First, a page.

When Brooklyn-based mom and fashion designer Suzanne Weiner began treatment for breast cancer three years ago, her medical marijuana card was her best friend.
“Pot helped me tremendously with the anxiety and stress of my diagnosis,” she says. “I was a mess.” Weiner still smokes marijuana regularly to help lessen the side effects of an ongoing treatment that helps keep her cancer at bay.
She’s not alone. Almost half of all people with breast cancer use marijuana or CBD, often during treatment to ease side effects including pain, anxiety, insomnia and nausea, according to a new online survey.
What to ask your doctor
While Weiner discussed her cannabis use with her doctors, who she said were both knowledgeable and supportive, this isn’t always the case. Many patients don’t talk to their doctors about it, the survey reveals.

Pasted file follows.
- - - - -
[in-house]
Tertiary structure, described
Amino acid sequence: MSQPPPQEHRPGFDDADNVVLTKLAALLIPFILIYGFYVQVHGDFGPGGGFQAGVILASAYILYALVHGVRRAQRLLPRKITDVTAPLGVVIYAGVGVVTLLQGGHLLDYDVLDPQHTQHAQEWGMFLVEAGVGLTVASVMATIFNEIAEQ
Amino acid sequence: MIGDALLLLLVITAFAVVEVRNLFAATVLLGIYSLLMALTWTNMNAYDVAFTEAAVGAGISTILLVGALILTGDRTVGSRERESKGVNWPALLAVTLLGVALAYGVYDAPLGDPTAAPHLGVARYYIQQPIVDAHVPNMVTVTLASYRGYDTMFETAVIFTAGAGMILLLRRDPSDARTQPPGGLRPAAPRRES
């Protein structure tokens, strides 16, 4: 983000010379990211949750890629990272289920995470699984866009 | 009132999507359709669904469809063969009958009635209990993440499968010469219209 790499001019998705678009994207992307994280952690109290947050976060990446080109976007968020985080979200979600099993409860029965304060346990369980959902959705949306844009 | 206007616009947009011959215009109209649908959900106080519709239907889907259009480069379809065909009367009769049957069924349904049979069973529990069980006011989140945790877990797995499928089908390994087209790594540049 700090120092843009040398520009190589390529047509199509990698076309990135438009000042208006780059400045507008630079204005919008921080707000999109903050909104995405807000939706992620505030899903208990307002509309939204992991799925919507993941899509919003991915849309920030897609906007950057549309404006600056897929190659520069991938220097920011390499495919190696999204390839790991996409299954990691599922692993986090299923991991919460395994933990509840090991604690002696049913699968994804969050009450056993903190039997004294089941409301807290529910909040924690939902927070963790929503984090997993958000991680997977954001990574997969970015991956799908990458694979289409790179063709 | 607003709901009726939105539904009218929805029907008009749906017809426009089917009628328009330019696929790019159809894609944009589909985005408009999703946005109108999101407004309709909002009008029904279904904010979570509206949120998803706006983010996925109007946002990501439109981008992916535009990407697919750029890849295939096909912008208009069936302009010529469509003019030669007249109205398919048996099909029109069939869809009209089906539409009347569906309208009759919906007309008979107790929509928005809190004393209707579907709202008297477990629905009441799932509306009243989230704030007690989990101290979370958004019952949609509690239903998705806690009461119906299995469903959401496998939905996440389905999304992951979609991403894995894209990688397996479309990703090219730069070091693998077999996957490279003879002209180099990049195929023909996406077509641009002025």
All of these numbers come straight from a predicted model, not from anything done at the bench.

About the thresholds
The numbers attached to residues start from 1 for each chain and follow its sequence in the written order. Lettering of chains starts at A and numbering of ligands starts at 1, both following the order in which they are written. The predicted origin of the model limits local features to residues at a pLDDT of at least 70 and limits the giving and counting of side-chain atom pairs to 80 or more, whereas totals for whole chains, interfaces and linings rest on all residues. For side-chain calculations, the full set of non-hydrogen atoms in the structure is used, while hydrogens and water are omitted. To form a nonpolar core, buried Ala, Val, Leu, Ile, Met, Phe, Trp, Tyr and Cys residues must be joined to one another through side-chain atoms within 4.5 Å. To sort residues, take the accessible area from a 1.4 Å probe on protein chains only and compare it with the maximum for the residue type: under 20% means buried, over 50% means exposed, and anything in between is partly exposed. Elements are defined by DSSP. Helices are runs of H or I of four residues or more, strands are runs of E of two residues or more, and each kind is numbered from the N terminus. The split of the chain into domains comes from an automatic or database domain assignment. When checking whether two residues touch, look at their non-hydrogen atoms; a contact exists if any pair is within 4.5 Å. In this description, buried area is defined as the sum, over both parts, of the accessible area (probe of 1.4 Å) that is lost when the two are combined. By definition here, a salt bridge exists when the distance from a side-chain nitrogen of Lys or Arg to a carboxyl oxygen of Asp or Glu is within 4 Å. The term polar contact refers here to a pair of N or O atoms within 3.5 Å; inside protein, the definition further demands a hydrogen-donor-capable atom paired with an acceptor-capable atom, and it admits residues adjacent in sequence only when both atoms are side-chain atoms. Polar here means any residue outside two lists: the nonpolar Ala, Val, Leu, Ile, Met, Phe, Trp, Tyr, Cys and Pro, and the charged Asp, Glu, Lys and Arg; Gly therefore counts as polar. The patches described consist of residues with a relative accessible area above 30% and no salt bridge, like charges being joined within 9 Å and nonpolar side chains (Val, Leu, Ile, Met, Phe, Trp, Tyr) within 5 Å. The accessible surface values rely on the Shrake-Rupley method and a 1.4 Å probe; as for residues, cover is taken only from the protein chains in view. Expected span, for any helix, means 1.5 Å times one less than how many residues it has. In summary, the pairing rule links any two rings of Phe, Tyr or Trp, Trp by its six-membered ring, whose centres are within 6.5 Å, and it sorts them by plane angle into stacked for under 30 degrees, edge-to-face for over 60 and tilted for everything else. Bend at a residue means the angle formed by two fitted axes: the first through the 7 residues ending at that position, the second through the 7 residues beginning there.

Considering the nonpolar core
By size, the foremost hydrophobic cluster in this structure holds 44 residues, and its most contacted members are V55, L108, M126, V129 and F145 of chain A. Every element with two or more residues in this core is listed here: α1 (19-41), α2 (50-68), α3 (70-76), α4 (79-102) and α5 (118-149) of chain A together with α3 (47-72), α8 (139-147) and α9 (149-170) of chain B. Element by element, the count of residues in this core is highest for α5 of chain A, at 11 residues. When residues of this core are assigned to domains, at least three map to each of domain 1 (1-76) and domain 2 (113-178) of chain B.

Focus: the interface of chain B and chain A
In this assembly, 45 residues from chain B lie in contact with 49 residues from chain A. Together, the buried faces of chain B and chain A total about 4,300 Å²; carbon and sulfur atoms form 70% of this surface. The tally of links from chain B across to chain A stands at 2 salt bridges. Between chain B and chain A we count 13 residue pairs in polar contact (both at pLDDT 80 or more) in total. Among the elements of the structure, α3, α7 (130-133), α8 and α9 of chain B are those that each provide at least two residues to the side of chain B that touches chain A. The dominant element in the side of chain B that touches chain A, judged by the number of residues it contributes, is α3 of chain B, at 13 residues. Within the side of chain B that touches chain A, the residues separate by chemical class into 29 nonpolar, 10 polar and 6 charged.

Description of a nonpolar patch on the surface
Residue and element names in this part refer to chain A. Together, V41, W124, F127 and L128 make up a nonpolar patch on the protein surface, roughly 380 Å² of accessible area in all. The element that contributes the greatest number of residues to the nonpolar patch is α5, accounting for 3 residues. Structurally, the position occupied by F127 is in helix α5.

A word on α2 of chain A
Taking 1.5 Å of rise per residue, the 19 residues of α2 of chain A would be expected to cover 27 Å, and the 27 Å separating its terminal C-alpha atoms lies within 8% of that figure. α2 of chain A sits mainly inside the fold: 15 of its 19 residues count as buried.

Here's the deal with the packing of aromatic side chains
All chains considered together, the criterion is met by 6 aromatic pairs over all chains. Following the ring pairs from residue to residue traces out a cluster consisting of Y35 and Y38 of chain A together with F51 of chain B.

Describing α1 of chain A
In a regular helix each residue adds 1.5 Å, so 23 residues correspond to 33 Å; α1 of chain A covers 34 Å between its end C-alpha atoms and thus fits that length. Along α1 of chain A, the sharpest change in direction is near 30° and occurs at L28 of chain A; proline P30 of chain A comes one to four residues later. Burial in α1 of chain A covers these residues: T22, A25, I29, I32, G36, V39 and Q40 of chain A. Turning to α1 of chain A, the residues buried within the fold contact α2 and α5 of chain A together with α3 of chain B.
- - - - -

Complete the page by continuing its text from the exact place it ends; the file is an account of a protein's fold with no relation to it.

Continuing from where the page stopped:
People are reluctant to talk to their doctors about cannabis use for several reasons.
“Marijuana is still illegal at the federal level so that may inhibit people from talking to their doctor, and some may be fearful that it could be placed on their medical records,” Weiss shares. “Others don’t want to be judged and don’t think their doctor is likely to know much about it anyway.”
This is risky, according to survey author Dr. Marisa Weiss, founder and chief medical officer of Breastcancer.org and Breasthealth.org in Ardmore, Pa.
“Some chemotherapy drugs are broken down by the same part of the liver that cannabis is, and you don’t want to overtax the liver,” she says. And, “smoking or vaping when receiving radiation or other therapies to your chest could affect lung function.”